You don’t make money by starting a business, you make money by solving a problem, says the CEO of Kenya’s Equity Bank, James Mwangi

 

“The bigger the problem, the bigger the opportunity; the bigger the opportunity, the bigger the possible scale”

 

Legendary Kenyan businessman James Mwangi built an empire by taking banking to the rural poor, a move that saw Equity Bank rise from the very bottom to the top of Kenya’s banking sector in only a few years. His initiative has transformed the lives of millions of Kenyans, empowering them to engage with the local economy.

 

Do you think Kenya has what it takes to support budding entrepreneurs in terms of markets, capital, and regulations?

Kenya has a lot of challenges. That in itself is a huge opportunity for Kenyans, to innovatively create solutions for those challenges. Society is always willing to pay for solutions to problems. You enhance the quality of the people and the standard of a society by solving its problems. We are 50-million people in Kenya; you can imagine the size of that market! Our GDP per capita has grown significantly from $1 000 to about $2 000, so it’s not just 50-million people, but 50-million people whose purchasing power has doubled within seven years.

 

Statistics show at least 90% of start-ups fail before their sixth month of operation. What tips would you give such enterprises?

The biggest challenge is people jumping on the bandwagon when they don’t understand the market. They do it because someone has done it, so they keep on copying what others have done without doing research to understand what the market needs.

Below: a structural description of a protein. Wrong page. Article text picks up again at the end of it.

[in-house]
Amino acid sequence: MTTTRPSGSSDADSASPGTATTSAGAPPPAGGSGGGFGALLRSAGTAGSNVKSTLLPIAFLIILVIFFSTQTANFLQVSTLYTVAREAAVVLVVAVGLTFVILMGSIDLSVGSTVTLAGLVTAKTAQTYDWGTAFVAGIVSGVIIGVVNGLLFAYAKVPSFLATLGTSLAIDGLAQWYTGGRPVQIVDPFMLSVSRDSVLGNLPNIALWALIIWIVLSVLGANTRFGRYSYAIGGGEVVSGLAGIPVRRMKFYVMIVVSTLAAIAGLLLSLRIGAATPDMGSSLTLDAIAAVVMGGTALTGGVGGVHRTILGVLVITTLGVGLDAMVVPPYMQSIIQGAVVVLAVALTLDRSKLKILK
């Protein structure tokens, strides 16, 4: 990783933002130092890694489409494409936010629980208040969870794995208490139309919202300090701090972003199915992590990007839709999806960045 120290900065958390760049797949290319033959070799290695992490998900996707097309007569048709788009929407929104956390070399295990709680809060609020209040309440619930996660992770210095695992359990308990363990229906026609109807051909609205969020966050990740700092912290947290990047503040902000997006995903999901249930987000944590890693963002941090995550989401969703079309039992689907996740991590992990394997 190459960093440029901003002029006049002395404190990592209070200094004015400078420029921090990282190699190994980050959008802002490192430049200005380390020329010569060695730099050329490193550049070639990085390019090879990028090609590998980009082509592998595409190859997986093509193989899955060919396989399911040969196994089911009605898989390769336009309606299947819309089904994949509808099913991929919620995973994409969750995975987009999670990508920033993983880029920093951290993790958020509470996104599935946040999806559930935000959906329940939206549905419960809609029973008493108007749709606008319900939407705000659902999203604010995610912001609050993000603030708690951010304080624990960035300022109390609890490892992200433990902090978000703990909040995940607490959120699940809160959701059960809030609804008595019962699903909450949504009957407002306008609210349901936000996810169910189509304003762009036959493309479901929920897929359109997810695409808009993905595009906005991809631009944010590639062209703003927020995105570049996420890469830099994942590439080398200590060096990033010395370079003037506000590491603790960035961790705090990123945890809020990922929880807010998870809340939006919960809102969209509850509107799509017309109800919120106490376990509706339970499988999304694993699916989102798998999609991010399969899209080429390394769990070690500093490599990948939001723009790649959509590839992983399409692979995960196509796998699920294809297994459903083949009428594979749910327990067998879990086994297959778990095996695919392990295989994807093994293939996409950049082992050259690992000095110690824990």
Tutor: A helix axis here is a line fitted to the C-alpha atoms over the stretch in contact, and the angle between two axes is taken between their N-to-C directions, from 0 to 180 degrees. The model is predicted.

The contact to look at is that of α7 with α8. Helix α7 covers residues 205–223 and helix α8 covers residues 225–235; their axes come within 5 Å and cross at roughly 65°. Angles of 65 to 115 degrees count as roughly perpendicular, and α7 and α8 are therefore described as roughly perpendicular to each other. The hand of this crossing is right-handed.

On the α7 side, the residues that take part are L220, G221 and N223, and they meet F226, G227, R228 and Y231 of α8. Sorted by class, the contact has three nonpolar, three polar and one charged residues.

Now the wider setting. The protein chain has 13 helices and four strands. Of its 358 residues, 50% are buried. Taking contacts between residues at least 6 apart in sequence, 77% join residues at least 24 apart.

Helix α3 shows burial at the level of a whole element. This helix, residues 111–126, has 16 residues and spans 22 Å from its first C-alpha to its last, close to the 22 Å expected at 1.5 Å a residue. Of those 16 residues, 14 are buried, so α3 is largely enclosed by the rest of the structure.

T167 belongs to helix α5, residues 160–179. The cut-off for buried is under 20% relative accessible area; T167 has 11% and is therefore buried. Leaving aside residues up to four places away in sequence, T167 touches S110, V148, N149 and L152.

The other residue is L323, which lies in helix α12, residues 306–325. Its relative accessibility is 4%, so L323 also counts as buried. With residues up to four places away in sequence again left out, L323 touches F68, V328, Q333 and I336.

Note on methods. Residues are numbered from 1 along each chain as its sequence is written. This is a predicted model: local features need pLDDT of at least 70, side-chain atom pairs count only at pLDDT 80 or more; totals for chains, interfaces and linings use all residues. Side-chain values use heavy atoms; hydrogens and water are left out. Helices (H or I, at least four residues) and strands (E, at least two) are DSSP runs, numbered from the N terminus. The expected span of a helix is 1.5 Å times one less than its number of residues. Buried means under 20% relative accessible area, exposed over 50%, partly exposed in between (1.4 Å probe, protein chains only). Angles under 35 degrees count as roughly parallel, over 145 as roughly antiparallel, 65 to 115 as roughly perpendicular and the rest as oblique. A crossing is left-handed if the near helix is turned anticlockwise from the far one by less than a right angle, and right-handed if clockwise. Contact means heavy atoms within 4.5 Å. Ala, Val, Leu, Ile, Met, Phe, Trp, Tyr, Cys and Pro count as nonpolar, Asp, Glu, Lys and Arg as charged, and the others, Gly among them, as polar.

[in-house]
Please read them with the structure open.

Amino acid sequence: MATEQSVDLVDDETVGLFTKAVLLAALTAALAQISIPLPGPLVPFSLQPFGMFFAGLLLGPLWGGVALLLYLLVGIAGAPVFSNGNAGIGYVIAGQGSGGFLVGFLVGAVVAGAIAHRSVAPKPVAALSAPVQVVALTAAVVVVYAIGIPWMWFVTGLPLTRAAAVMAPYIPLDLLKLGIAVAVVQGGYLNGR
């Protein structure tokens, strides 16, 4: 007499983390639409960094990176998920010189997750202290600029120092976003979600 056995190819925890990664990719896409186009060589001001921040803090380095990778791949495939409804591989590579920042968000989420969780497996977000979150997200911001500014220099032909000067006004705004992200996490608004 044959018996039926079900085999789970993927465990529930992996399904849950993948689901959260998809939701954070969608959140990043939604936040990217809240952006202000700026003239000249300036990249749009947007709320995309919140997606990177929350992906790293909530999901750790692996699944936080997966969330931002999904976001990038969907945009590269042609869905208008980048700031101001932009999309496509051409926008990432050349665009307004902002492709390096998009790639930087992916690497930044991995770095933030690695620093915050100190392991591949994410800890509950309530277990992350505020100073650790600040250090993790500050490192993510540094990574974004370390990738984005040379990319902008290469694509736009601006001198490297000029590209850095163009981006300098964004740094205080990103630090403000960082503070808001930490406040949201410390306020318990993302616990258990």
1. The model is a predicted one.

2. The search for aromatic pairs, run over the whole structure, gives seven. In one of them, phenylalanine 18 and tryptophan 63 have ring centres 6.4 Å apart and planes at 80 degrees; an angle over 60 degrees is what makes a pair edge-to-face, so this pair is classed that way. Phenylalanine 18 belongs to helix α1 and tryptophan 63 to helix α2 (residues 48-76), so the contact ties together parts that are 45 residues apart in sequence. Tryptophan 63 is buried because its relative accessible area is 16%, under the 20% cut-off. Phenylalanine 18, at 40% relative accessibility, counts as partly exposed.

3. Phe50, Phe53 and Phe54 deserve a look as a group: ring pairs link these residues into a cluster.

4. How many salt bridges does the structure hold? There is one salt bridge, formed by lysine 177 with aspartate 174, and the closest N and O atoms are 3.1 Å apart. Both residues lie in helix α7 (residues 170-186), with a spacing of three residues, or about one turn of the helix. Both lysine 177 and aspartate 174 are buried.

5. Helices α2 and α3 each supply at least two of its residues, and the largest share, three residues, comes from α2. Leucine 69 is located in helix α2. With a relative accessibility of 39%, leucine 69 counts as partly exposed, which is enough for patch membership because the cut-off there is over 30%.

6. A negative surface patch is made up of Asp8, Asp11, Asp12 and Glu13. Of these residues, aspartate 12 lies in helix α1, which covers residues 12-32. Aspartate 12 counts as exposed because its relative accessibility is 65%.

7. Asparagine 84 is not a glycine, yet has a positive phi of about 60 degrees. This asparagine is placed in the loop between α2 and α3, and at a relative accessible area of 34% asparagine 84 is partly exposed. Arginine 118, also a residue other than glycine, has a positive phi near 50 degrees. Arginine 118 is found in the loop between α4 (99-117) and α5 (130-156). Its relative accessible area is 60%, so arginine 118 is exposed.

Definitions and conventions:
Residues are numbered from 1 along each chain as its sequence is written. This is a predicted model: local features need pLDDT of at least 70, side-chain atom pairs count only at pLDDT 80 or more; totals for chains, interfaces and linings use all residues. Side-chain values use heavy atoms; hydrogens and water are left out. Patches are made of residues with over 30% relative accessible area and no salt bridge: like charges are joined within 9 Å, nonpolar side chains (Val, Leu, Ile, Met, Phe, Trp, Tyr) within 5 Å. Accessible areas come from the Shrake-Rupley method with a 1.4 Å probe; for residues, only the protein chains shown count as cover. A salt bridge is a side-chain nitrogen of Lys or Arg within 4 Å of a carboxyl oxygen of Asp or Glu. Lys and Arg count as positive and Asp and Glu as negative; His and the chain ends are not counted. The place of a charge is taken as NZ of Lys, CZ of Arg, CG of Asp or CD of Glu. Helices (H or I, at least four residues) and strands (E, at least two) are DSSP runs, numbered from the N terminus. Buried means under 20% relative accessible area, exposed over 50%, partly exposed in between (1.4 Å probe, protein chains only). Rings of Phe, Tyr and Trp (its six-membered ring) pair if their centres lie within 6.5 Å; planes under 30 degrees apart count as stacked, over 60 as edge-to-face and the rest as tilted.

Businesses that thrive and grow to scale are the ones that attempt to solve society’s problems. If you look at Equity Bank, it went out to solve the problem of exclusion. For example, the ‘mama mbogas’ (roadside vendors), the kiosks, the farmers were excluded. Ninety-six per cent of the population had no bank accounts, and Equity decided to solve this problem with an inclusive business model. So we removed the barriers that excluded people and became a movement. Now we have 60% of all bank accounts in the country, with 14-million customers, simply because we solved the problem.

 

So the answer is ‘have a programme’. Most businesses are not started with an objective of solving a problem, they are driven by an objective of making money. You don’t make money by starting a business, you make money by solving a problem. Profit is a reward for solving a problem – the bigger the problem, the bigger the opportunity, the bigger the opportunity, the bigger the possible scale.

 

What advice would you give small traders to succeed and grow their businesses? 

You must have best practices in business, and best practices start with governance. You must have processes and procedures that help you manage risks.

 

What is your purpose for starting a business? If you look at Equity, we’ve always pursued a broad purpose of ensuring we change lives and livelihoods. And that is why, due to COVID, we gave businesses a break so that they could mitigate the negative impact of the freeze on economic opportunity and the closure of businesses. We did not ask for repayment from businesses that closed, instead, we helped them survive and recover. So you see, when you have a purpose, it will point you in the right direction.